Mpho fights for glory

Sunday World - - World Of Jobs - XOLILE MTSHAZO

COM­MON­WEALTH Games wrestling bronze medal­list Mpho Madi’s love for am­a­teur sport has not de­terred her from mak­ing a liv­ing by help­ing oth­ers.

She does not earn a dime from wrestling.

She is un­em­ployed, so she vol­un­teers as a child min­der and a wrestling coach, and works part­time as per­sonal in­struc­tor at a gym in Pre­to­ria.

Madi says she finds ful­fil­ment from the lit­tle re­mu­ner­a­tion she gets from teach­ing preschool­ers and coach­ing wrestling at two kinder­gartens in Pre­to­ria and Soshanguve, where she has helped to es­tab­lish a wrestling club.

I find plea­sure and so­lace [in] help­ing oth­ers to im­prove their lives be­cause I was helped to be­come what I am to­day.”

She met her fos­ter mother, Amanda van der Watt, at the Kids Haven home in Benoni, and was in­tro­duced to wrestling at the home when she was 12.

Adopted by the Madi fam­ily at birth, she spent eight years at the home. Van der Watt took her to a wrestling tour­na­ment in 2008.

When I first saw other kids wrestling at the home, I thought the sport was for boys and men. Then the coach in­vited me be­cause I used to watch with keen in­ter­est on the side­lines. I tried it out and fell in love with it.”

And last month, Madi won the women s 53kg freestyle wrestling bronze medal at the Com­mon­wealth Games in Glas­gow, Scot­land.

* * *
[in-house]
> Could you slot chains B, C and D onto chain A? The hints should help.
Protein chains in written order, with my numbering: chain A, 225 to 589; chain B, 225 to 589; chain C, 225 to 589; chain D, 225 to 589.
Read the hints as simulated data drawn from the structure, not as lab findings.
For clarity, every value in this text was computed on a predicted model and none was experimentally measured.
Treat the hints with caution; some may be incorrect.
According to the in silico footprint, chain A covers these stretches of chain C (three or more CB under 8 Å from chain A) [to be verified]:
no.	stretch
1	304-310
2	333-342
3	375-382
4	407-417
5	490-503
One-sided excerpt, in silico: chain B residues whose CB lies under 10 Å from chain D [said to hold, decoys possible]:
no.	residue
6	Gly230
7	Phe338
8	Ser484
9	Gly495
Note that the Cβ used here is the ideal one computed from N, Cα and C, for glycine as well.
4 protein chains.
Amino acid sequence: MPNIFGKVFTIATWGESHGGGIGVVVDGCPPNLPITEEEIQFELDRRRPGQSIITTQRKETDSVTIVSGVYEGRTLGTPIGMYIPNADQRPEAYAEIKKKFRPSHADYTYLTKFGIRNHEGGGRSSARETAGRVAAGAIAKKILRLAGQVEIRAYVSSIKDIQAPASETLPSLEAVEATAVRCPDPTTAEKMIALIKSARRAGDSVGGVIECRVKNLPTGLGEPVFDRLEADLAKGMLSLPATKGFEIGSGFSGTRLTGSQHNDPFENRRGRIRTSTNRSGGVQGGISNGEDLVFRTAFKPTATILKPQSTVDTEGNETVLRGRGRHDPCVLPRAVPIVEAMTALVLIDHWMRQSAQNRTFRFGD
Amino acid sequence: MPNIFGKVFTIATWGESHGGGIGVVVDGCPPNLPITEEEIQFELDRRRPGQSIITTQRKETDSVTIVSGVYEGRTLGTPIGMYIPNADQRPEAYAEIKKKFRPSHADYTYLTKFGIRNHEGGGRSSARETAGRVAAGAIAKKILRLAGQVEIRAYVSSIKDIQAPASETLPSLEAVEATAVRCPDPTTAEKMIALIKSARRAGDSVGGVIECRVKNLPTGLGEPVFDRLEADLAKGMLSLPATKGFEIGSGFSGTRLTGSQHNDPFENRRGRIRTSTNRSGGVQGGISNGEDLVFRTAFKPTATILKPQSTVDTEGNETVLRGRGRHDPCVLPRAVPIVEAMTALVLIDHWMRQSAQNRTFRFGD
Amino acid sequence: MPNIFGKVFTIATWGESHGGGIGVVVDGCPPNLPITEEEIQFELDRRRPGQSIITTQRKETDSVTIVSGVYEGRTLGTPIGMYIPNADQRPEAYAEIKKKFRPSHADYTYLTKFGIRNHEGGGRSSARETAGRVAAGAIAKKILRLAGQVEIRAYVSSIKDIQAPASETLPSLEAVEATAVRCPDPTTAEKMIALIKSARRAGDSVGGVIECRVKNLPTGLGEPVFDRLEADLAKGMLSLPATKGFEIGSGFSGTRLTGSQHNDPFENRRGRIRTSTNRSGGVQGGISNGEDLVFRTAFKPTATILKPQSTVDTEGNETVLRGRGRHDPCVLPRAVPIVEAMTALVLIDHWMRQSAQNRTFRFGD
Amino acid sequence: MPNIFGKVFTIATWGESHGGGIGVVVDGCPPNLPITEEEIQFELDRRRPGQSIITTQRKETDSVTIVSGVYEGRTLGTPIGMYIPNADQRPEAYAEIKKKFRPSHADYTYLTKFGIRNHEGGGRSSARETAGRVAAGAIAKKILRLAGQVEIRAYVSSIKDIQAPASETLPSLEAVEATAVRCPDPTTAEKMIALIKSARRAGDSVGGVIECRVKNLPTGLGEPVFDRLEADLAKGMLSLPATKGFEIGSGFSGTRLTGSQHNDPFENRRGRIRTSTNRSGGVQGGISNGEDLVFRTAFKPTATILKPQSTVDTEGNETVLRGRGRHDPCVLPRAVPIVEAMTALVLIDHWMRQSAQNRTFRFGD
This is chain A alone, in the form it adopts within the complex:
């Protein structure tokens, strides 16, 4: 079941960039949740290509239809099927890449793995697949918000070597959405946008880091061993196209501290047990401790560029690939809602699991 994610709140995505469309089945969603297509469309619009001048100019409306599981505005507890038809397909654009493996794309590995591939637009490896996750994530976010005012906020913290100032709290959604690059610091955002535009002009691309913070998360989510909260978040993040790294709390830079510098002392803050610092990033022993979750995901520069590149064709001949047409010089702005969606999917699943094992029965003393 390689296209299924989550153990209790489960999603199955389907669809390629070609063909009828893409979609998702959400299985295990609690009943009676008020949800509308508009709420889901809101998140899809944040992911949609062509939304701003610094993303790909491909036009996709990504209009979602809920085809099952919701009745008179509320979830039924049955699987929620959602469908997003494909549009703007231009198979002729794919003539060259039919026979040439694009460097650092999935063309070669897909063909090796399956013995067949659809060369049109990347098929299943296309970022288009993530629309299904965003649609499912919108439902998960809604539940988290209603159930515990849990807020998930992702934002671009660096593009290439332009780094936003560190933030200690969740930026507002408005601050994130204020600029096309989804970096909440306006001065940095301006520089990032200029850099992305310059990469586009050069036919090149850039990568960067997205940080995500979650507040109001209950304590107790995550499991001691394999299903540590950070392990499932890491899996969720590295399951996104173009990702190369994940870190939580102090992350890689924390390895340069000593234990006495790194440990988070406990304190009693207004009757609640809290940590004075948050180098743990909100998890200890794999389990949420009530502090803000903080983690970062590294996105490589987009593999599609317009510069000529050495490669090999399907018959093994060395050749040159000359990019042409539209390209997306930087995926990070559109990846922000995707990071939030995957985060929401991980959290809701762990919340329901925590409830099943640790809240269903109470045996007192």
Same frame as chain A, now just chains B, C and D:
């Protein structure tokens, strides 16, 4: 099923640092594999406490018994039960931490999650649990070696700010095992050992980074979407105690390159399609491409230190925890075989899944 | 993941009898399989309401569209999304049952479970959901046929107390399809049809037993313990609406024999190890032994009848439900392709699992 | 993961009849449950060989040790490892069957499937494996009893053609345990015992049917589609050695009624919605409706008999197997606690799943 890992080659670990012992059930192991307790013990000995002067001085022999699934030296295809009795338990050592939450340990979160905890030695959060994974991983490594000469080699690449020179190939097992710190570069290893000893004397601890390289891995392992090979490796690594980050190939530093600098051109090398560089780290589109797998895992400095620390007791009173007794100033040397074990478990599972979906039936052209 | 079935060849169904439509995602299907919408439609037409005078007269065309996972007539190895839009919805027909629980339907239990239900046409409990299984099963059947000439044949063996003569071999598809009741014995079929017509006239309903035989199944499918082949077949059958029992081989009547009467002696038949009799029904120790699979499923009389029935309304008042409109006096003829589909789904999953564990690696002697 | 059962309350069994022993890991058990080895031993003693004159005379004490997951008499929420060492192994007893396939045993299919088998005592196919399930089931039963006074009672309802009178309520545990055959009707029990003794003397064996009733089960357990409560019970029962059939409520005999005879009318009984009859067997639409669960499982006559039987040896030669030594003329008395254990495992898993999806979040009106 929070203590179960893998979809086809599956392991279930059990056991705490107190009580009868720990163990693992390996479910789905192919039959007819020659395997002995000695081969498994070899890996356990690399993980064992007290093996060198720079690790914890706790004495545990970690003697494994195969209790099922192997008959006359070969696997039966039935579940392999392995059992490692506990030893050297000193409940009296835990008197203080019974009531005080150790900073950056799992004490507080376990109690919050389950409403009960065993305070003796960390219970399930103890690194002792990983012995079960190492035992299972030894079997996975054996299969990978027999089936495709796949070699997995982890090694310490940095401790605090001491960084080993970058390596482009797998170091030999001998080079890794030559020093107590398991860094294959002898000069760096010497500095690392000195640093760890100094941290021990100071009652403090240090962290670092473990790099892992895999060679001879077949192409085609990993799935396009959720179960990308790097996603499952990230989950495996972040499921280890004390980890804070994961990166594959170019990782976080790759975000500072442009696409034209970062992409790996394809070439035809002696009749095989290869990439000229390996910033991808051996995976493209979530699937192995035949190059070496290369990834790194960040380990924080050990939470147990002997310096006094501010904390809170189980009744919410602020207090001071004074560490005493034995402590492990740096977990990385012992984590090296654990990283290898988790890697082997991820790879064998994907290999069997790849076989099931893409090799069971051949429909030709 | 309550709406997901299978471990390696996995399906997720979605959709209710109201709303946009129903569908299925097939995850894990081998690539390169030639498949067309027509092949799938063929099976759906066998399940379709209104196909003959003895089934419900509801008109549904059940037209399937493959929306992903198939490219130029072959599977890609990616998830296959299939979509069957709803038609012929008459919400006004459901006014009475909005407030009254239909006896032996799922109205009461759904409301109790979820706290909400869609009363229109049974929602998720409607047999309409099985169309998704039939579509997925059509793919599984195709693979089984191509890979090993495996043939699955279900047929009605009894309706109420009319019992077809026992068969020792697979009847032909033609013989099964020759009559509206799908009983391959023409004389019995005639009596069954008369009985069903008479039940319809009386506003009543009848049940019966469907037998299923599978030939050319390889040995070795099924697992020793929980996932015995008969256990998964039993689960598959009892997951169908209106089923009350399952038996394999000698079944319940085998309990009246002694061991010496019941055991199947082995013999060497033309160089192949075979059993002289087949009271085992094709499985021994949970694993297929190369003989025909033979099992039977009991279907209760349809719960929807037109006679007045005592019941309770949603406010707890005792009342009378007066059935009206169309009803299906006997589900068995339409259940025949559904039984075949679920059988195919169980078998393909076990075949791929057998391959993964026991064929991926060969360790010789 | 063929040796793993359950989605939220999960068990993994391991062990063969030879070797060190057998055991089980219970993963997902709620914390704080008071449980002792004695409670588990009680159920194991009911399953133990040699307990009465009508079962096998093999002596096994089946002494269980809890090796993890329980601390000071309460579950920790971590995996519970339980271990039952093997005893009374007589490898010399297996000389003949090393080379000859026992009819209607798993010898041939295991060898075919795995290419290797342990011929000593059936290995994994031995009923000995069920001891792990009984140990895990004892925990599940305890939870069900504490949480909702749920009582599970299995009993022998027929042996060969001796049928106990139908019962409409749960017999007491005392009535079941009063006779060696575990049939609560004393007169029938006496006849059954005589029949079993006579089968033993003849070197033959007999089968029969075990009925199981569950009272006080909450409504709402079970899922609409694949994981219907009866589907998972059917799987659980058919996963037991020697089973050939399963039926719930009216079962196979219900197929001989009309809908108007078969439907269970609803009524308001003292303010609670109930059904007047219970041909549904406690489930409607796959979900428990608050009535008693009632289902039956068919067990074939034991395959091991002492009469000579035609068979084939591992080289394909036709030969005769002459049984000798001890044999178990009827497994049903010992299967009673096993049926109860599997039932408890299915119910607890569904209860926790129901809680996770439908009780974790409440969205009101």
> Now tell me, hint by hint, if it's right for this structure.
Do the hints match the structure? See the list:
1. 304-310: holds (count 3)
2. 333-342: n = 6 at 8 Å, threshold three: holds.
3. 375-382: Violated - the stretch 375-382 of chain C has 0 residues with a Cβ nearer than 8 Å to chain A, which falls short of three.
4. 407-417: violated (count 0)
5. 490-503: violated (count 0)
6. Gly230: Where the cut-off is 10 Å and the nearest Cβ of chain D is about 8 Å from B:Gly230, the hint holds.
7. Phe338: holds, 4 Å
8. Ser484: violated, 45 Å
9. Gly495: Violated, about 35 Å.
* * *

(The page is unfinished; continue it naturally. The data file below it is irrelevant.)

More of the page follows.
My other sport is soc­cer and I play as an am­a­teur for the Old Benon­i­ans.

I don’t know, all my sports are re­garded as men’s do­main, but I have come to em­brace them and want to ex­cel.”

Her first big wrestling com­pe­ti­tion was the African Cham­pi­onships, held in South Africa in 2006. She fin­ished fourth.

I was im­pressed with my per­for­mance, it in­spired me to be­lieve it was pos­si­ble to come back home with a medal.

The fol­low­ing year I took part in the All Africa Games in Al­ge­ria, where I won bronze.

It was my big­gest achieve­ment be­fore the Com­mon­wealth Games bronze,” she says.

But she has not for­got­ten her roots. Only last week she won gold at the lo­cal Free State com­pe­ti­tion called the Mielies Wrestling Tour­na­ment.

A mem­ber of the Boks­burg Wrestling Club, coached by Tubby van den Heever, she never thought, while watch­ing WWE on TV, that she would one day be pin­ning down her op­po­nents on the can­vas.

In­spired by her Glas­gow medal, Madi says the Olympic Games in Rio de Janeiro in 2016 is her next big goal.

Qual­i­fy­ing is strin­gent be­cause you have to first be graded and go through the elim­i­na­tion rounds,” she adds.

She also hopes the South African Wrestling Fed­er­a­tion and South African Sports Con­fed­er­a­tion & Olympic Com­mit­tee will give her the sup­port she needs.

The 2007 Ekurhu­leni sportswoman of the year has ded­i­cated her Com­mon­wealth Games medal to her first coach, Han­sie Naude, at the Benoni Wrestling Club, among other peo­ple.

Van den Heever says: Be­fore Rio our next tar­get is the African Cham­pi­onships, then the World Champs.

I have put her into a new train­ing pro­gramme which I hope will get her up to the level of her op­po­nents who beat her in Glas­gow, deny­ing her gold and sil­ver.

It’s a case of having to work harder than we did be­fore go­ing to the Com­mon­wealth Games.”

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